THAT the 15 nations of the European Union plus the United States have just signed an agreement (among other things) on reconstruction aid for Bosnia is a sign of the breadth of support for American-led initiatives in the Balkans.
But the measured enthusiasm President Clinton got from the American soldiers he addressed here Saturday indicates a certain shallowness in that support too.
Just as he was ordering the first 700 American troops into Bosnia Sunday, the issue of his own credibility as commander in chief was again put in question. More important, the constraints on American foreign-policy leadership in this post-cold-war era began to show. A US president today, it is becoming clear, must work with more partners for more narrowly defined goals - and do more of a selling job to the American people.
Mr. Clinton's swing through Europe - London; Belfast; Dublin; Baumholder, Germany; Madrid, from which he returned yesterday - showed the self-described "domestic policy wonk" on a foreign-policy roll.
After meeting with leaders and the public on both sides on the sectarian divide in Belfast, he quoted the Irish poet Seamus Heaney, "We are living in a moment where hope and history rhyme."
His talk to the soldiers here at division headquarters should have been a pivotal moment for Clinton and his presidency: The former Vietnam war protester, now the leader of the free world, had to look the troops in the eye to tell them why they were needed as part of a NATO "peace implementation force" in Bosnia.
As in his speech to the nation earlier in the week, he emphasized the troops were being summoned to service, "not with a call to war, but a call to peace." He cast their mission in terms of individual human sufferings that they would be able to help end.
He reported on his meeting at the airport in Dublin, just as he was leaving for Germany that morning with Zlata Filipovic, the famous young Sarajevo diarist. Clinton said Zlata "asked me to thank you and all the American people for, in her words, 'opening the door of the future ... for all the children of Bosnia.' "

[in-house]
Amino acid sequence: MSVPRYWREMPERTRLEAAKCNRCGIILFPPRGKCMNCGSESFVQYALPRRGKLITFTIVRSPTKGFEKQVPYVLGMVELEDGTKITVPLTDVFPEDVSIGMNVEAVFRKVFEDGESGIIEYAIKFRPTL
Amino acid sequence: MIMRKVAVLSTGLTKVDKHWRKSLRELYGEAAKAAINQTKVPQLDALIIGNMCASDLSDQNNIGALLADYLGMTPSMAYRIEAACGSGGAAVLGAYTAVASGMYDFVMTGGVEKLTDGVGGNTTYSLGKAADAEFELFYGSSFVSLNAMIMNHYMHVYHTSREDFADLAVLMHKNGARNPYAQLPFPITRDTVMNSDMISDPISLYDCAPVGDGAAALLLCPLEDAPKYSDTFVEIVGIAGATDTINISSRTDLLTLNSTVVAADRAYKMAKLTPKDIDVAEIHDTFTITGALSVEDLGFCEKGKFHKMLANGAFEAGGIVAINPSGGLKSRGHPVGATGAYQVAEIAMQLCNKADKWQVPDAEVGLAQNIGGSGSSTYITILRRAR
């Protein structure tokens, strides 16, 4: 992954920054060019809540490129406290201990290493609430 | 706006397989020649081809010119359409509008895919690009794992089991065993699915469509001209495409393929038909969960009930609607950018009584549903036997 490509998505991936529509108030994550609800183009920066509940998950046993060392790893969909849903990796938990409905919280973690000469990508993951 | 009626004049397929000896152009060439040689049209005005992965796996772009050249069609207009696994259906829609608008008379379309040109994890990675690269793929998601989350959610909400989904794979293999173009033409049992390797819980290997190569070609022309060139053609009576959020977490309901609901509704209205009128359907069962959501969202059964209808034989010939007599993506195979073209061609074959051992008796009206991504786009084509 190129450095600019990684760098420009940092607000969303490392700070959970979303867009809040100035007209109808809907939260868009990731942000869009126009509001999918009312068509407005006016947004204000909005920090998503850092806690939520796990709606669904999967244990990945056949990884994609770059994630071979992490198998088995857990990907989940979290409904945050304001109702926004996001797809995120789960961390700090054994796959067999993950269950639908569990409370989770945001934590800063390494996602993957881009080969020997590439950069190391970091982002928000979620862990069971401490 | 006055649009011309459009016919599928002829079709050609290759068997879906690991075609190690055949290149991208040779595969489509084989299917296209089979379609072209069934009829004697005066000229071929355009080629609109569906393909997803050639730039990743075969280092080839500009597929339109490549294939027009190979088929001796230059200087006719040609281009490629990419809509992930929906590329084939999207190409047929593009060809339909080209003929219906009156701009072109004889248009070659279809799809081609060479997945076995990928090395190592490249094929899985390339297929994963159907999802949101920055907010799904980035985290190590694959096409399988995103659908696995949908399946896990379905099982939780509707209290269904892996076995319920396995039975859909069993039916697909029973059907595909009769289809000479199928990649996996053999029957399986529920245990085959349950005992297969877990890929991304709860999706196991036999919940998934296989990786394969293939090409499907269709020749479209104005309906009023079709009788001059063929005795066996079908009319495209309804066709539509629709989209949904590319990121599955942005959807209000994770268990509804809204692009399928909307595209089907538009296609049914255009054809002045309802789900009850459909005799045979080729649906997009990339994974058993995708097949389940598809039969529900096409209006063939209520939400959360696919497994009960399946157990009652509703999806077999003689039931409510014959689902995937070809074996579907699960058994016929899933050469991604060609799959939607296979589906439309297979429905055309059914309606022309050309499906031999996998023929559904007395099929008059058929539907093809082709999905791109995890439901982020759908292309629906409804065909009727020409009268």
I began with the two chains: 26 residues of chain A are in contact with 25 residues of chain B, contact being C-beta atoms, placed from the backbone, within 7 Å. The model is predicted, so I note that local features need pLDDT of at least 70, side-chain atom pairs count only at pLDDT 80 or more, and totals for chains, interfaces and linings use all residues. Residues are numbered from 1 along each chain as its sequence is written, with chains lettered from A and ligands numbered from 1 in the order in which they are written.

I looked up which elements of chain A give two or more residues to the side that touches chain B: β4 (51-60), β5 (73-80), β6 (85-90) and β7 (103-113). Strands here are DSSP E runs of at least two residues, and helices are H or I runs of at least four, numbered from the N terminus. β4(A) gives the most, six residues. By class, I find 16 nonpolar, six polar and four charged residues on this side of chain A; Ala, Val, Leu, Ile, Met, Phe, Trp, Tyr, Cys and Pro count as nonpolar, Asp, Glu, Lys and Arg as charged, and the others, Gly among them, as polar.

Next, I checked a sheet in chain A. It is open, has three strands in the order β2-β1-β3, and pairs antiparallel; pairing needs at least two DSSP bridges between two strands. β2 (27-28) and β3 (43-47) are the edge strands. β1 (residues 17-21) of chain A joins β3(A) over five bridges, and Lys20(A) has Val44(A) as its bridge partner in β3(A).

The troops he addressed, standing in formation in camouflage fatigues in bone-chilling weather, were the 1st Armored Division, "Old Ironsides," which will be headed for Tuzla in Bosnia within weeks. Their tanks, only partly visible in the mist, ringed the parking-lot-turned-presidential-amphitheater as a powerful symbol of the military force to be brought to bear in Bosnia, if needed.
Many of these soldiers served in the Gulf war, during which, in 89 hours of fighting on the ground, they effectively routed Iraqi forces. The multinational coalition achieved its stated goal. Saddam Hussein, the Iraqi leader, is still in place, however, and that rankles in some quarters, especially among critics of what they see as warmaking-by-consensus.
A third of a century ago, President Kennedy promised his nation that "we shall pay any price, bear any burden, meet any hardship, support any friend...."
A week ago, President Clinton told the nation, "We cannot stop all war for all time but we can stop some wars.... We can't do everything, but we must do what we can."
At Baumholder, the soldiers signaled their approval at several points in the president's speech with their traditional roar, "hooah!" The lines that received the loudest roar referred to use of decisive force. What received fewer roars was, "Everyone should know that when America comes to help make the peace, America will still look after its own." Perhaps it was the cold and the waiting.
Sgt. James Hesson of Irvine, Calif., thought Clinton had made his case to the American people. He pronounced the speech "good" and said he liked the president's historical explanations. "We understand that these countries of the former Soviet bloc are going through some changes - they need our help."
Specialist Curtis Ratliff of Beckley, W. Va., had another view: "Everybody feels the same way: Nobody wants to go and everyone's afraid."
Another soldier, who didn't give his name, sharply criticized the president: "He doesn't have the moral authority to issue the order [to send troops to Bosnia]. He has the legal authority but not the moral authority - not after what he did in Vietnam."
The president emphasized that the NATO troops were being "invited in" by the presidents of Bosnia, Croatia, and Serbia, who are signatories to the accord reached in Dayton, Ohio, last month.
Over the weekend, however, Gen. Ratko Mladic, the leader of the Bosnian Serb army, repeated calls for changes in the accord and blasted the NATO troops being sent to monitor it. "Those who bombed us have now infiltrated like lambs, saying they want to protect peace," General Mladic said.
In his speech, Clinton acknowledged to the troops, "There could be incidents with people who have still not given up their hatred."
"We're going in with a lot of details unwrapped-up," observes Sir Laurence Martin, director of the Royal Institute of International Affairs in London, speaking of the Bosnia situation.